If Court action is necessary, the basis of your claim should ideally be either a written or signed Contract or a purchase order for goods or services containing the price and the terms of payment. You will also need to produce evidence that you have performed your part of the Contract and that there is evidence that you made the customer aware of Terms and Conditions before the Contract was agreed. If direct evidence is not possible, you may need to rely upon previous Contracts with the debtor for which you received payment and where the nature of the goods and services were the same as the ones for which you have not received payment.
If there is a dispute over the Contract, you should try to resolve such matters as the quality of the goods or services and whether they were delivered by the agreed date. If you are unable to resolve the dispute by way of a compromise, you may need to take legal advice as to what you can realistically expect to receive in the circumstances to take account of the complaints.
You may wish to enforce a claim for interest. For that purpose the Provisions of the Late Payment of Commercial Debts (Interest) Act 1998 can be of assistance. This Act allows you to charge interest at a set rate which is a Bank of England base rate plus 8% from the end of a notional 30 day credit period. You are also entitled to recover a small amount in respect of debt recovery costs. It is helpful to make it clear in your early correspondence that you are relying upon the provisions of the Act and this can be included in your solicitors letter before action.
The Court procedure allows you to take action for disputed debts of up to £10,000.00 by way of a Court claim through the Smalls Claims Track. This can provide an inexpensive and reasonably quick procedure to recover outstanding amounts. For disputed claims between £10,000.01 and £25,000.00 the “Fast Track” procedure is available in the County Court. For over debts £25,000.00, “the Multi Track” procedure should be used in the High Court. However these fast and multi track are more complicated and will involve considerable expenditure in terms of Court fees. For undisputed debts of more than £750.00 you can consider a statutory demand which allows you to petition to wind the Company up or to make an individual bankrupt if the debt is not paid within 21 days. However, this procedure must be used carefully because it may result in you having to pay the other parties costs of setting aside the statutory demand if there is an arguable defence to your claim.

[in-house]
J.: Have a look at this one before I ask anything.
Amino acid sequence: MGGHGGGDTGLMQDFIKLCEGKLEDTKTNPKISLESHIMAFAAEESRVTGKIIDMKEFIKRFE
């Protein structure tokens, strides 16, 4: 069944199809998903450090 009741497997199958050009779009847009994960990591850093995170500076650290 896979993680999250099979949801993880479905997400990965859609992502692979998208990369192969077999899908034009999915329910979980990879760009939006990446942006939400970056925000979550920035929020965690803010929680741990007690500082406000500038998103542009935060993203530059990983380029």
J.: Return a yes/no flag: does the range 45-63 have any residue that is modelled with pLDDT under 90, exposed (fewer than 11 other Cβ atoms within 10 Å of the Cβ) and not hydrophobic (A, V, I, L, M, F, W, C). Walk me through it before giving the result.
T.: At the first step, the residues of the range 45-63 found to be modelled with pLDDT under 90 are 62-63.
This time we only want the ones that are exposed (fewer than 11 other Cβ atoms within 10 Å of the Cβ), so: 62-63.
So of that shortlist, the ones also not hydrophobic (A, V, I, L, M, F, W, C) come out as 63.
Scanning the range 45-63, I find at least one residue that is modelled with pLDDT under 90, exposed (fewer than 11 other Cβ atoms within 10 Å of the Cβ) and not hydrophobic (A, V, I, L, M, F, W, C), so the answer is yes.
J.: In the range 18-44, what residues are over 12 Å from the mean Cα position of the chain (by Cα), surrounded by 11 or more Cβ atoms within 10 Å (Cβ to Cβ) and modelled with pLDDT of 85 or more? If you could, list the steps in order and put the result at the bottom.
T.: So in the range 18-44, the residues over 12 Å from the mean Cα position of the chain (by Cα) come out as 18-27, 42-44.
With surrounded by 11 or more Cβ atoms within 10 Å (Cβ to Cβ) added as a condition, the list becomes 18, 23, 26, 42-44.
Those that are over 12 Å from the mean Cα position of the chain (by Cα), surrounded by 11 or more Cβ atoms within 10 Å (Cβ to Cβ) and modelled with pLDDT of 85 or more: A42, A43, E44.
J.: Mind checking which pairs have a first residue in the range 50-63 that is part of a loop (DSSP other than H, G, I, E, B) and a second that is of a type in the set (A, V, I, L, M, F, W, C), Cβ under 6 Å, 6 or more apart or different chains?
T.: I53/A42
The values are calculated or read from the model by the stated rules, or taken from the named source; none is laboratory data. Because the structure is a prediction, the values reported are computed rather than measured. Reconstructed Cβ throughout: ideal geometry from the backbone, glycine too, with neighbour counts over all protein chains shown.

It is advisable to consult a solicitor if you are unclear about your prospects of recovering unpaid accounts and the solicitor can advise you of the most appropriate procedure to recover your debt swiftly and with the minimum of expense.
For friendly advice concerning any debt matter contact Robert Anderson or Ram Saroop of RDC Solicitors who will be able to give you step by step assistance to ensure that you do not end up in a same position as the hundreds of small companies left high and dry by the Carillion collapse.
RDC has offices in Bingley, Bradford and Ilkley. Robert can be contacted at email@example.com and Ram can be contacted at firstname.lastname@example.org Alternatively Robert and Ram can be contacted by telephone for an initial chat on 01274 723858 or 01274 735511.